First of all, there have been collections of Bible readings used by churches for weekly and daily use. Weekly Lectionaries that take you through the whole Bible in the course of about 3 or 4 years and Daily Lectionaries that take you through them in a year. Most Lectionaries include readings from the Old Testament, the Psalms, the Gospels + Acts, and The New Testament Letters. This all came from the Roman Catholic Church originally, so it is nothing new. It was based on their work at having the whole Bible preached and taught regularly and in ways that continued to relate to the seasons of the Christian year (Christmas, Easter, etc.).
Does reading through the Bible in a year make you a better Christian or help you grow more? I don’t know – I’ve never done it. I do know that reading the Bible on a regular basis helps you stay rooted in your faith and closer to God. I also know that it helps if you don’t just read John 3:16 on the way out the door to work every day, but branch out to other passages in the Bible as well. The more of it you read and the more times you read it, the more you will begin to see how one God worked through 66 books, thousands of lives and ten thousand stories that bring us to where we are today. If nothing supernatural happens in your Bible reading, it will at least be like hearing stories about your favorite grandparent and the adventures they had before you were even born. You begin to recognize the God you know and love in the lives of others, and then it begins to open your eyes to see more of God in and around you. Yes, the reading gets weird and messy sometimes, but so do we. So read your Bible and stretch yourself a little more this year than you did last year.

  • What is your favorite part of the Bible to read?
  • How often do you choose to read your Bible?
  • What pulls you away from spending time reading or listening to the Bible?

Does God make disciples or do we?


I am an Enneagram type 5 which means that almost every time I’m faced with two choices, I will look for a third option. Many times, that third option is not a compromise between the two, but something else that re-frames the question itself. If that doesn’t make sense to you, just think about the recent presidential election and that is my first reaction whenever I get asked an either/or question. I feel like it probably doesn’t matter which choice I choose and have suspicions that there is a bait and switch going on. If you have a few months to spend on this rabbit trail I’d recommend reading Either/Or by Soren Kierkegaard. I started reading it about ten years ago and finally discovered the message of the book, about 3/4ths through not in the text, nor the subtext, but in between the chapters, essays, and stories there. But enough chasing rabbits…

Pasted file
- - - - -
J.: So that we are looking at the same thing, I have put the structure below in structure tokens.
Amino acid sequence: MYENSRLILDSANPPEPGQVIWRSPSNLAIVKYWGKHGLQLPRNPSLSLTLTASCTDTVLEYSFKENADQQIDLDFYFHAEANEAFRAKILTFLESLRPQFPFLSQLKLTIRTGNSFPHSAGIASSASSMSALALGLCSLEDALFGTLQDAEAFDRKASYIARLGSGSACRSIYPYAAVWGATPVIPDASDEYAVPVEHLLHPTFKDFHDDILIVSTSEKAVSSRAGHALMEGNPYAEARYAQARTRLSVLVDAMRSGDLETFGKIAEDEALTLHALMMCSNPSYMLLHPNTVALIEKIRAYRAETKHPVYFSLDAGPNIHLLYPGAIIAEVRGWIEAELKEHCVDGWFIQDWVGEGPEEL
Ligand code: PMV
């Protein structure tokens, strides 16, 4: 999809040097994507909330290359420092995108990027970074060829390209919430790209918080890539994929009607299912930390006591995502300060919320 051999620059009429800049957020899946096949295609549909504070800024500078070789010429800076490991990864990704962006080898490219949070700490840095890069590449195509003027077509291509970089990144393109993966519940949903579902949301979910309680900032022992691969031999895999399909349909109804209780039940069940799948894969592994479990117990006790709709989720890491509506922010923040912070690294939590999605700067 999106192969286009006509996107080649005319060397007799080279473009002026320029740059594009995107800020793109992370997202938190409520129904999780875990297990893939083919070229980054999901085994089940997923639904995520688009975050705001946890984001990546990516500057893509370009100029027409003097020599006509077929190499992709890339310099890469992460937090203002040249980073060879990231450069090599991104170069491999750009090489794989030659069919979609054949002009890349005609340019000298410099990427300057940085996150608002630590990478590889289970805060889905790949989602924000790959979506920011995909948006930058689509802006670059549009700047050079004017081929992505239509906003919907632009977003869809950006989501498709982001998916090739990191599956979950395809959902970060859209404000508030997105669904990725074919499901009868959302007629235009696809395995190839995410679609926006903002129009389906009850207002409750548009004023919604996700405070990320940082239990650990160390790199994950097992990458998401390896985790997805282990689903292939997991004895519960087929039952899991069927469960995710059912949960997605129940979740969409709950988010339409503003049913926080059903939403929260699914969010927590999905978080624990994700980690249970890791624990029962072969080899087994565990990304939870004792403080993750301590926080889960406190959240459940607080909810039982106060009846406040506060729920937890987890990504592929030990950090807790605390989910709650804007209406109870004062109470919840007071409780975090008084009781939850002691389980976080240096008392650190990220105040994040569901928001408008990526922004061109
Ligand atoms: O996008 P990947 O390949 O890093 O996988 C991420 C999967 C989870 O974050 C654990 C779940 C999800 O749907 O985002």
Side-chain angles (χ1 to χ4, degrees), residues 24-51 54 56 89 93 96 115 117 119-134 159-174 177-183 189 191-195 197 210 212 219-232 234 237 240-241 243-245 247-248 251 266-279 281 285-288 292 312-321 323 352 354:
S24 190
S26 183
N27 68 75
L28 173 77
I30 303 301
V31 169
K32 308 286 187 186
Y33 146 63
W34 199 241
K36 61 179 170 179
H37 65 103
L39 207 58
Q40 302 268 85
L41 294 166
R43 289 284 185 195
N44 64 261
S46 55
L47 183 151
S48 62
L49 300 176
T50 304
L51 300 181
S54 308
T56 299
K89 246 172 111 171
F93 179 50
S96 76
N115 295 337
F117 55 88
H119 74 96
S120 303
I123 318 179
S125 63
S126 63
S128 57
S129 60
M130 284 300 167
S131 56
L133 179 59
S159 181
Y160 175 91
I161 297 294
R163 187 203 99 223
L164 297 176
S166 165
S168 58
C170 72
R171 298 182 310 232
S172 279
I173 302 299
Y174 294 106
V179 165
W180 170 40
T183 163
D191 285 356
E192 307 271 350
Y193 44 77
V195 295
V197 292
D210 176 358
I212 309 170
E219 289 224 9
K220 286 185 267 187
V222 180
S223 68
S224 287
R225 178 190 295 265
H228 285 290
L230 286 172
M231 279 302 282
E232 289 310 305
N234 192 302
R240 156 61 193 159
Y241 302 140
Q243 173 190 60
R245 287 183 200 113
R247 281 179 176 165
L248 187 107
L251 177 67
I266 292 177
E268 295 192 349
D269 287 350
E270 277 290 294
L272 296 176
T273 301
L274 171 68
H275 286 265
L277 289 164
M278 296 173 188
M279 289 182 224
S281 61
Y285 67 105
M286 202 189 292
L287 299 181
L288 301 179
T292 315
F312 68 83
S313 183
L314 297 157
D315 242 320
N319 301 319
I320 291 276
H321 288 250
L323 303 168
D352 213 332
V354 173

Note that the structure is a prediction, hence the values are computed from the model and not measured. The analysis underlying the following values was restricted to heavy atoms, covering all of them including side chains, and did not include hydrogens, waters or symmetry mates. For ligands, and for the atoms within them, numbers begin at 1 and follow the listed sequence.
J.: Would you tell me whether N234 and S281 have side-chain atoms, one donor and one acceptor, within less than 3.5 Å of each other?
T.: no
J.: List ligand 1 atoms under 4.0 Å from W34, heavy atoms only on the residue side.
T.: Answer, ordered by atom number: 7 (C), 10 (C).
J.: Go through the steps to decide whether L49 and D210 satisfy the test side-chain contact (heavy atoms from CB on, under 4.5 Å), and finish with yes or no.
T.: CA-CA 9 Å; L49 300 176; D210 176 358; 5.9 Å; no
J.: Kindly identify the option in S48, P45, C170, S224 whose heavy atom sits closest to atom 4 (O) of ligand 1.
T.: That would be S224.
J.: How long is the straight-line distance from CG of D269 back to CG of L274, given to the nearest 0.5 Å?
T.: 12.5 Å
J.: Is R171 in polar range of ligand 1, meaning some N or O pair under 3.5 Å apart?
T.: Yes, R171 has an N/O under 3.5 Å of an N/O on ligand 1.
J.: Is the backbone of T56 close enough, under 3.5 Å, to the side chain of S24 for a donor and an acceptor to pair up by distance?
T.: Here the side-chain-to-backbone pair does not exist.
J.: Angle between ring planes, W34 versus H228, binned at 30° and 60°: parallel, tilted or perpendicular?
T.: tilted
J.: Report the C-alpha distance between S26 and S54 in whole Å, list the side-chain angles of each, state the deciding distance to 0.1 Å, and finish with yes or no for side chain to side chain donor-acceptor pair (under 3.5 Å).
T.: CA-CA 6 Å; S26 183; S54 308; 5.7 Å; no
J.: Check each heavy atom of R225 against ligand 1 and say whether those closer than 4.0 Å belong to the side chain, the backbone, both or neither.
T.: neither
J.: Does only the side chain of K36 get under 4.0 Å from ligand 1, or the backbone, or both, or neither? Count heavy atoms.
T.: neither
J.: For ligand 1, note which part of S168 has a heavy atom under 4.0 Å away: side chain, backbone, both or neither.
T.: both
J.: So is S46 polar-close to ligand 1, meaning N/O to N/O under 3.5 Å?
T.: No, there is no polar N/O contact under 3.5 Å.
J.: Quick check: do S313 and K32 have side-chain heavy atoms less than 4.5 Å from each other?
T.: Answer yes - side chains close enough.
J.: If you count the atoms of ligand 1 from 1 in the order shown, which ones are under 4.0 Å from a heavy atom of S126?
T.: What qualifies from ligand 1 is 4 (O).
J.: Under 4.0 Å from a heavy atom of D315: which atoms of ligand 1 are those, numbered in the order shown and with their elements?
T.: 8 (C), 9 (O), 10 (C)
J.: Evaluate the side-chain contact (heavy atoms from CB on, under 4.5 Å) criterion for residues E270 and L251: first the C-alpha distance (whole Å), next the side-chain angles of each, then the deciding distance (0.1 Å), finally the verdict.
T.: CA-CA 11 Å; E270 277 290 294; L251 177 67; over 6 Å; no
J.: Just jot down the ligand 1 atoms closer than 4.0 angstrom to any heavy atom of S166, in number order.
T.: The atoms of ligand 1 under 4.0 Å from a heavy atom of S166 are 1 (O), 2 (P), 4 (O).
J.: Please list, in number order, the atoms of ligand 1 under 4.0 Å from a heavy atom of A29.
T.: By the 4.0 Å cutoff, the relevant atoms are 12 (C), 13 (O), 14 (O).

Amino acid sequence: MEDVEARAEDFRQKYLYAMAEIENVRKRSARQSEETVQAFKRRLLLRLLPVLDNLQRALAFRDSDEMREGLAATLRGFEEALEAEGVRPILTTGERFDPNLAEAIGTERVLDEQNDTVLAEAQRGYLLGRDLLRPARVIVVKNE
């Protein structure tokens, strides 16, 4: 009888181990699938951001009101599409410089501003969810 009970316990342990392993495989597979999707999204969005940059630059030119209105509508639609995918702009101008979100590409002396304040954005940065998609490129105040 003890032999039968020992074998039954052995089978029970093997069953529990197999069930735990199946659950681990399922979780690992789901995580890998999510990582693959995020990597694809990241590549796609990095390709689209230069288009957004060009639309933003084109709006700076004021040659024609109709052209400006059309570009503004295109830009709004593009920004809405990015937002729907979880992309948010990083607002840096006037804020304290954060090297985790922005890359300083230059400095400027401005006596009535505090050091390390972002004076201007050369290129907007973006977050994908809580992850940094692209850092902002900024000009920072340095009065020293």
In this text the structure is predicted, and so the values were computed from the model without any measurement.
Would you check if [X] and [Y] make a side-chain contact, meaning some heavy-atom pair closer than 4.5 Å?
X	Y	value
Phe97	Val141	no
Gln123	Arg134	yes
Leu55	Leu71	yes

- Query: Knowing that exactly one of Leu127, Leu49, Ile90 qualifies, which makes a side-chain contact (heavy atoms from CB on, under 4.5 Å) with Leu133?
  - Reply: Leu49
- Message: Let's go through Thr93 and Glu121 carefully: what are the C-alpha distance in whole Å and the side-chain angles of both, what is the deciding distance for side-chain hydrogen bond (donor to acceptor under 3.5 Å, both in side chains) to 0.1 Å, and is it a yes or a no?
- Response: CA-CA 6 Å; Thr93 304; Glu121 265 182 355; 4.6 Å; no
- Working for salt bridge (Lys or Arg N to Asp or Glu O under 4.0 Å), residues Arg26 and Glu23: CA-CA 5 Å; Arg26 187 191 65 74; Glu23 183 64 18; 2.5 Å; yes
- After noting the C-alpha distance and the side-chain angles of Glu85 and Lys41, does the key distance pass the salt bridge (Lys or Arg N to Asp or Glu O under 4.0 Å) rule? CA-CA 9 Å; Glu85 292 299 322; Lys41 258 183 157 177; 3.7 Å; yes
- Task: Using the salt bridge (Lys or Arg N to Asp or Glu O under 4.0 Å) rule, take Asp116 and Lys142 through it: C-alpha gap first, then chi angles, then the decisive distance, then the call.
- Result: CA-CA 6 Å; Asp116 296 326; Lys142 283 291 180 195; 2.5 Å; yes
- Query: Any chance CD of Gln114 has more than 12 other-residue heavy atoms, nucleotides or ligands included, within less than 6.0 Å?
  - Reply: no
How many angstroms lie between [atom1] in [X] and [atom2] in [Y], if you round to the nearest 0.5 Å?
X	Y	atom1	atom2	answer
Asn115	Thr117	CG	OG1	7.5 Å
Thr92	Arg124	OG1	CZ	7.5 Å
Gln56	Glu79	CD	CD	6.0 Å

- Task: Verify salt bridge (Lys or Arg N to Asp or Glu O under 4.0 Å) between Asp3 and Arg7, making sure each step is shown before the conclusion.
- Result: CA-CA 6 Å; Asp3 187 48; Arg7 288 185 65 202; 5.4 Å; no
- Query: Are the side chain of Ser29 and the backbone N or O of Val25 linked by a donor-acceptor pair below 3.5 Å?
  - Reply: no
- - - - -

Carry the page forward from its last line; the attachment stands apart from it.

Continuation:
This question about God’s role and our own in making disciples was raised yesterday in a leadership retreat we had at our church. When asked how to make disciples, one of the people there said that we could not… only God can do that. I think a few people there may have felt like that was something of a cop out answer, but I, for one, was glad for this response. While many of us may not think it is an appropriate answer to the question of How to make disciples, I know it is something that many of us think. Perhaps in not so blunt and bold a way, but it hides under the surface of much of our ministry and service.

Let me put it another way.

We may not question whether or not we have a role in making disciples, but I would guess that many of us do not have a very clear understanding of what that role is. So we “make disciples” like agnostics – trying to do whatever random thing comes across our path in good intentions, but not really knowing or believing that it is bringing anyone closer to a relationship with Jesus. Agnostic might sound like a harsh word to use for people who may consider themselves, and may indeed be mature Christians, but Jesus died for us and asked us to do only one thing before He returned to heaven, and when I meet Him face to face and He asks me if I made any disciples for Him, I’m not going to be comfortable giving a theological treatise about how I didn’t feel up to the job and that really He was the only one who could do that right anyway. So yeah, agnostic disciplemakers is putting it lightly. Some of us go through the motions of making disciples, but inside we can be more like functional atheists, not believing that anything we do really makes a difference. That is not what Jesus asked us to be, nor is it what He die for.

What it means to partner with God

Something happens to us as a civilization when we separate ourselves from the land and the work involved to provide food and shelter on a daily basis. Farmers understand partnering with God better than most of us. They know how much work it is to plow the land, plant the seeds, and fertilize the ground. They understand the work of weeding and protecting the fields from scavenging animals. They know how it is a work that you either live on a daily basis or not at all. But they also know that the final say in the outcome is not their own. No matter how much they do to prepare the field, it is God who either provides or withholds the rain. They work together with God to provide the fruit of the harvest. Paul writes:

I planted the seed, Apollos watered it, but God has been making it grow.
He rightly understood that God has the power over the the specific outcome, but he also realized that all of us have a responsibility for raising up new disciples. Does it matter whether we take up that responsibility or not? More than you can know. God can and will send the rain on the good disciplemakers and the bad disciplemakers alike… but one faith farmer will reap a harvest in the field she has prepared and the other will just have a big, muddy, field of weeds.

  • Who has God used to show His love to you?
  • How did they do that?
  • How are you helping people discover a loving relationship with Christ?